Author: Kishek, R.A.
Paper Title Page
TUPPC094 Experimental Observations of Large-amplitude Solitary Waves in Electron Beams 1377
  • Y. Mo, B.L. Beaudoin, D.W. Feldman, I. Haber, R.A. Kishek, P.G. O'Shea
    UMD, College Park, Maryland, USA
  • J.C.T. Thangaraj
    Fermilab, Batavia, USA
  Funding: Work funded by the US Dept. of Energy Offices of Fusion Energy Sciences and High Energy Physics and Fusion Energy Sciences, and by the Dept. of Defense Office of Naval Research.
The longitudinal dynamics of space charge dominated beams plays an important role in particle accelerators and other applications such as heavy ion fusion and free electron lasers (FELs). All beams are space-charge dominated near the source. Furthermore, the longitudinal profile is not necessarily an ideal mathematical function. By means of experiments on the University of Maryland Electron Ring (UMER), we studied how a perturbation to the line charge density could affect the beam propagation. By varying the initial amplitude of the perturbation, we access nonlinear space charge physics. When starting with large-amplitude perturbations, we have observed, for the first time in charged particle beams, solitary waves for which the nonlinear steepening exactly balances the wave dispersion, leading to persistent waves that preserves their shape over a long distance. This paper presents the results of the soliton experiments, including systematic studies of the dependence of the soliton propagation on beam current, perturbation level and width. The data is compared with theory and simulation.
WEPPR013 Design of an Electrostatic Extraction Section for the University of Maryland Electron Ring 2964
  • K.J. Ruisard
    Rutgers University, The State University of New Jersey, Piscataway, New Jersey, USA
  • B.L. Beaudoin, I. Haber, R.A. Kishek, T.W. Koeth
    UMD, College Park, Maryland, USA
  Funding: This work is supported by the US Dept. of Energy Office of High Energy Physics.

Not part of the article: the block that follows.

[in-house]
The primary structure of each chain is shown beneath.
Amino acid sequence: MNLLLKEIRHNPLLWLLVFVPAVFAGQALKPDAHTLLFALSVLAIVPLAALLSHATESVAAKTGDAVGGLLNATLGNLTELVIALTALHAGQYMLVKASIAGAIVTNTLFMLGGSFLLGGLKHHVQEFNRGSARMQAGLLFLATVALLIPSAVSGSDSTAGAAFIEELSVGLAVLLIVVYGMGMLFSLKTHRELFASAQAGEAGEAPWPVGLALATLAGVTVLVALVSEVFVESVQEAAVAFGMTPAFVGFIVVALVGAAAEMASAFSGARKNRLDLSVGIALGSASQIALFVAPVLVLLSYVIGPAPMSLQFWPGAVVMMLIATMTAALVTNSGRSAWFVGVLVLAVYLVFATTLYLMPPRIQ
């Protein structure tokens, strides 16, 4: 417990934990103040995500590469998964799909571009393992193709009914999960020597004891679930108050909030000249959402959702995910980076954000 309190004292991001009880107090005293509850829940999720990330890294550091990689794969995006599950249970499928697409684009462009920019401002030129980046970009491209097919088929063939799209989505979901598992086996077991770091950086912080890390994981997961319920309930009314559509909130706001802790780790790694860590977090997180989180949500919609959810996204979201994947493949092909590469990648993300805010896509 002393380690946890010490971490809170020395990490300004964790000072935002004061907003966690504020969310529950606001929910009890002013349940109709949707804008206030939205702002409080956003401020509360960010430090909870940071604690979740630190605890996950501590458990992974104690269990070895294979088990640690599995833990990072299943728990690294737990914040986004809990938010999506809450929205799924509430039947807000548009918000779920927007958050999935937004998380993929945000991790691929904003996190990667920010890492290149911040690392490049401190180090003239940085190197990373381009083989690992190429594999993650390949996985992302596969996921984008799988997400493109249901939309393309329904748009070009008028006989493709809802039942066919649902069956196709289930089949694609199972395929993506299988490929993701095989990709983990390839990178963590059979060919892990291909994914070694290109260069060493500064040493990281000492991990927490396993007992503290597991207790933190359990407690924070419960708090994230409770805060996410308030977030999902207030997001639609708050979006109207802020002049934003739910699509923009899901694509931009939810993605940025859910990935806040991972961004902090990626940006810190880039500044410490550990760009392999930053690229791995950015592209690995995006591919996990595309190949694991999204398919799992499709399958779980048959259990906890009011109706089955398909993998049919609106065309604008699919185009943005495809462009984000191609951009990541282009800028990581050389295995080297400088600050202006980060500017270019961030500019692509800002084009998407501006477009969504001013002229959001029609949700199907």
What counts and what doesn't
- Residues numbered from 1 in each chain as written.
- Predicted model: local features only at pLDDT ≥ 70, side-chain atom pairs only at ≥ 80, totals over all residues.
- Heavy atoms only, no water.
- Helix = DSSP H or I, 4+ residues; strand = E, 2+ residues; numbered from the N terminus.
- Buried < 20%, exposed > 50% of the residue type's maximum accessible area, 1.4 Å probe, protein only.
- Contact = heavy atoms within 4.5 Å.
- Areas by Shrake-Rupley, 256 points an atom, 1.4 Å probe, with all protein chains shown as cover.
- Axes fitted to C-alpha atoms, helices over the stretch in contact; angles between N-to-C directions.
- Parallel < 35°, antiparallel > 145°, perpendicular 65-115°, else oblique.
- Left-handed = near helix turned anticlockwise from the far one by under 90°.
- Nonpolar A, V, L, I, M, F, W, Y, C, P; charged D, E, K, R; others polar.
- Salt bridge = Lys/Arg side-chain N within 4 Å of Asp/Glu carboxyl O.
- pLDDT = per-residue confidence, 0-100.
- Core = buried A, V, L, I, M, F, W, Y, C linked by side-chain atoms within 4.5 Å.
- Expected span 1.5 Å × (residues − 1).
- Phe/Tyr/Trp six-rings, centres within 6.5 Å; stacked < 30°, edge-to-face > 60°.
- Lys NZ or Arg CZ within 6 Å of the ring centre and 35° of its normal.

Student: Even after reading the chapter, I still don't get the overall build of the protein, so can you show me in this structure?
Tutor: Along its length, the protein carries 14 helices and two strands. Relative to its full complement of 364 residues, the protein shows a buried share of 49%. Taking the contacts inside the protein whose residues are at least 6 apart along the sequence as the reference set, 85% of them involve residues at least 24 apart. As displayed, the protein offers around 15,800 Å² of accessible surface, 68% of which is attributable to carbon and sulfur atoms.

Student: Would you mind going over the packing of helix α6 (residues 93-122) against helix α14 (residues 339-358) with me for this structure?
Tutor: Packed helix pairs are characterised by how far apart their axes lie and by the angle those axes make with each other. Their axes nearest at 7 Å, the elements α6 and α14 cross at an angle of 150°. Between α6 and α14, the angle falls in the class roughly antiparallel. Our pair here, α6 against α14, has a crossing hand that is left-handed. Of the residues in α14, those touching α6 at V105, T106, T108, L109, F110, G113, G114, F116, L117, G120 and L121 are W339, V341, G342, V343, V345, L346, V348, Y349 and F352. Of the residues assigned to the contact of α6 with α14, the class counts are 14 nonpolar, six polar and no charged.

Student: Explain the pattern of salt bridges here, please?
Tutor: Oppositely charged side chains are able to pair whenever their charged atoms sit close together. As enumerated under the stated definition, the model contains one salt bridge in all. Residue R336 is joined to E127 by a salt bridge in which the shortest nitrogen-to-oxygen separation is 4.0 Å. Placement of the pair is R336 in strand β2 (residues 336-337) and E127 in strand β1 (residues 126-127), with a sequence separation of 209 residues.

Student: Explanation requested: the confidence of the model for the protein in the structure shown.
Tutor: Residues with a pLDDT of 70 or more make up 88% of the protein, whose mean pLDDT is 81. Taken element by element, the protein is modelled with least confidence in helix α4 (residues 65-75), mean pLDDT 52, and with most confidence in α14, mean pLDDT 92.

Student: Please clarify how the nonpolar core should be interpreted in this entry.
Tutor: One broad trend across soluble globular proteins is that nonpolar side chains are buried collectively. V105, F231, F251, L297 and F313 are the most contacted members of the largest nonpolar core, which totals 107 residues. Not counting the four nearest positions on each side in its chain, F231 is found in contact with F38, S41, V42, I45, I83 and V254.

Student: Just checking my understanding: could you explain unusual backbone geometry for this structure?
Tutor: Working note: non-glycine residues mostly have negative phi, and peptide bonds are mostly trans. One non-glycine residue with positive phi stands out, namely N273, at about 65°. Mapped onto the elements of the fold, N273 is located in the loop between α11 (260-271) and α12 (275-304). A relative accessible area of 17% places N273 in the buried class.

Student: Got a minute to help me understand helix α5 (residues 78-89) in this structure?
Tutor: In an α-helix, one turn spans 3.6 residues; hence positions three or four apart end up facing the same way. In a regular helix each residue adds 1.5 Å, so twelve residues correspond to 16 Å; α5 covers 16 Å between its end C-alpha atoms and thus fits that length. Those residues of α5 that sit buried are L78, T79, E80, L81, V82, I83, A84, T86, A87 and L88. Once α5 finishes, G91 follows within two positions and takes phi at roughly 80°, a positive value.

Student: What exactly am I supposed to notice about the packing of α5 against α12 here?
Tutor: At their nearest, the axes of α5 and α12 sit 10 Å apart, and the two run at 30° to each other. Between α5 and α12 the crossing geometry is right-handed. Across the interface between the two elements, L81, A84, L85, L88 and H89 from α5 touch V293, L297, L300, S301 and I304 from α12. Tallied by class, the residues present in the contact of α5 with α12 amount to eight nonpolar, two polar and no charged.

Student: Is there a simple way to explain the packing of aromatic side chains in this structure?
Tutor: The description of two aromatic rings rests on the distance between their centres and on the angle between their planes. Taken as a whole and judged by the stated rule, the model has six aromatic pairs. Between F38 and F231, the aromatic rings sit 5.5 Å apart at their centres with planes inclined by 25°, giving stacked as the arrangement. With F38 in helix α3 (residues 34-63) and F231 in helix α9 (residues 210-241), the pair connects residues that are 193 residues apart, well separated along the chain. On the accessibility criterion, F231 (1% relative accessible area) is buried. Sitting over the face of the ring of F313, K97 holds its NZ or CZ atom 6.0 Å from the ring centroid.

The University of Maryland Electron Ring (UMER) is a 11.5 meter circumference, 10 keV, electron storage ring dedicated to the study of the physics space-charge-dominated beams transported over long path lengths. The intensity of the space charge in UMER can be varied by aperturing the injected beam current from 0.6 mA to 100 mA. Recently, the electron beam has been transported over one thousand turns. To fully characterize the transverse and longitudinal evolution of the beam on a turn-by-turn basis, extraction and transport to a diagnostic station is required. We present the design of a pulsed electric extraction system that satisfies the challenging constraint of fitting the hardware within the dense magnet lattice. The extraction system must universally accommodate the range beam intensities and minimize any disruption to the circulating beam
THPPR013 Beam Transport in Alternative Lattices at the University of Maryland Electron Ring (UMER) 3993
  • S. Bernal, B.L. Beaudoin, M. Cornacchia, R.A. Kishek, D.F. Sutter
    UMD, College Park, Maryland, USA
  Funding: This work is funded by the US Dept. of Energy Offices of High Energy Physics and High Energy Density Physics, and by the US Dept. of Defense Office of Naval Research and Joint Technology Office.
We discuss the motivation, general procedure and results of first experiments of beam transport with two alternative focusing schemes at UMER, a low-energy (10 keV), high-current (1-100 mA) electron storage ring. The new ring optics simplifies injection and RMS envelope matching, and gives us a larger number of beam position monitors (BPMs) per (un-depressed) betatron wavelength, all of which are desirable conditions for better orbit control. Furthermore, one of the new optics schemes is more symmetrical than the standard one, facilitating e.g. the implementation of quadrupole scans for betatron resonance studies. The alternative lattices also allow us to expand significantly on the tune parameter space available for the study of space-charge dominated beam transport.